Almost 100 years to the day since Lance Corporal Alfred Youdale landed in Anzac Cove, his great nephew Professor Graeme Clark received a heart-warming gift – the discovery of his forebear’s war medals.
Professor Clark, famous for inventing the Cochlear Implant 30 years ago, said he was thrilled when he heard his great uncle’s missing medals had been found in the Russell RSL in New Zealand.
“He’s been a family hero you might say,” Professor Clark said of his mother’s uncle. “We as a family all felt proud.”
Lance Corporal Youdale, from the inner Sydney suburb of Croyden, was 28 and single when he enlisted and found himself fighting in the trenches at Gallipoli.
Professor Clark recalled how he enjoyed reading his great uncle’s war experiences in his diary, now on display in the Australian War Museum.
“It tells what it was like when he first hit Gallipoli,” he said.
The diary also tells records how, after being evacuated from Gallipoli due to illness, Lance Corporal Youdale returned to Australia, only to make his way back into the war as an RAF pilot.
“When he was in Gallipoli, he was fascinated by the aircraft and could see how important they were while fighting on the land,” Professor Clark said.
“When he had to go home sick, his passion was to go back and fly.
“He trained as an air force pilot and as Australia didn’t have an air force he had no option but the join the Royal Air Force.
“He seems to have had an aptitude for it.
“He learned to fly in six weeks before starting to fly missions.
“He was shot at many, many times and was promoted. He started [in the army] as a Lance Corporal and finished as a Squadron Leader.”
It seems to Professor Clark that his great uncle was something of an adventurer.
“He was a bit of a daredevil from how he describes his missions,” Professor Clark said.
“He tells from his letters his plane being full of bullets.
“One zipped through his tie.
“He was getting it stitched up so he could wear his tie again.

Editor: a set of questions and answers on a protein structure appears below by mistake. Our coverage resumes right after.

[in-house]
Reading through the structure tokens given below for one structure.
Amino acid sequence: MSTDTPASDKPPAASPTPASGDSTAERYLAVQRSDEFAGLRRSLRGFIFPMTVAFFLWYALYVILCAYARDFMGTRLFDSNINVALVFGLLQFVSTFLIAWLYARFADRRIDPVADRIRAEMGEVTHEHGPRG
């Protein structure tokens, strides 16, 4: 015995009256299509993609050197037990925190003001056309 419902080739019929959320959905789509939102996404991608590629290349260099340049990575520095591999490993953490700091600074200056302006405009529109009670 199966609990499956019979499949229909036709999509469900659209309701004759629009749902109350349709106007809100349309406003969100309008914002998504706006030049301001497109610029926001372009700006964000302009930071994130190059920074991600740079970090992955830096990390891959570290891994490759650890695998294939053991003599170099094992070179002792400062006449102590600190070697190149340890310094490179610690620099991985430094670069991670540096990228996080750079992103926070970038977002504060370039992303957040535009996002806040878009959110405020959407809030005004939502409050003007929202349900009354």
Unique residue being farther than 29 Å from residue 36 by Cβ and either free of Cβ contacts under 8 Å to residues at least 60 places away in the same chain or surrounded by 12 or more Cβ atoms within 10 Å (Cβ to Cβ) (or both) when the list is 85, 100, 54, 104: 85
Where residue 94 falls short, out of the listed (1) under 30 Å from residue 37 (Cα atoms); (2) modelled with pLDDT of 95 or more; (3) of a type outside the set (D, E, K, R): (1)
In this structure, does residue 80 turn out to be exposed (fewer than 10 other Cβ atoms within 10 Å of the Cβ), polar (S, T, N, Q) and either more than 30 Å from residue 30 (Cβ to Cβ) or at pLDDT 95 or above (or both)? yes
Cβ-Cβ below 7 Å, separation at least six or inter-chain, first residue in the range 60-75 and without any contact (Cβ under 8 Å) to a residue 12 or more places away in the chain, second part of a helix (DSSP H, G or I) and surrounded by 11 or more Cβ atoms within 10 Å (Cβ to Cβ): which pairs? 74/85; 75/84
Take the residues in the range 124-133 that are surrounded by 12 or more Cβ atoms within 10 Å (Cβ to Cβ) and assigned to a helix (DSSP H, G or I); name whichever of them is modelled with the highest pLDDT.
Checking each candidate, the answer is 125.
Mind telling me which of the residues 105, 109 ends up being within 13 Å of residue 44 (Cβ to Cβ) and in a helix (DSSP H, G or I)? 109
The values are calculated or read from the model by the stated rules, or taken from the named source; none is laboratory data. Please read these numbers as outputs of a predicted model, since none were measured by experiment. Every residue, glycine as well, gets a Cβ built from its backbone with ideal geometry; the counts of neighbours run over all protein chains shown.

“One time he was shot down yet again, and was in hospital, but as soon as he was able they called for volunteers on this dangerous mission to go back over France or Belgium, so he volunteered.
“That’s the last letter we have written by him.”
Squadron Leader Alfred Youdale was shot down just before Christmas 1917.
His body was never recovered.
Before his death, he posted his medals, three Military Crosses, to his sister in Australia, but they never arrived.
“For [almost] 100 years we wished we’d found the medals,” Professor Clark said.
“Then about six months ago the RSL in Russell in New Zealand had a whole lot of medals and someone went through them and they were mystified because there were these three medals where the name had been scratched off.
“And so he got some forensic person to delve into the markings and found the name Youdale, which is an unusual name, and assumed that they came from Sydney.
“He looked up the Youdales and found the family, and they’re now on display in New Zealand in the Russell RSL.”
But while Alfred Youdale’s diary is on display at the Australian Museum as a permanent record of his bravery, one thing saddens his great nephew.
“He fought so much for the country, but his name was not put on the War Memorial because even though he fought in Gallipoli for Australia he [was killed while flying with] the Royal Air Force.”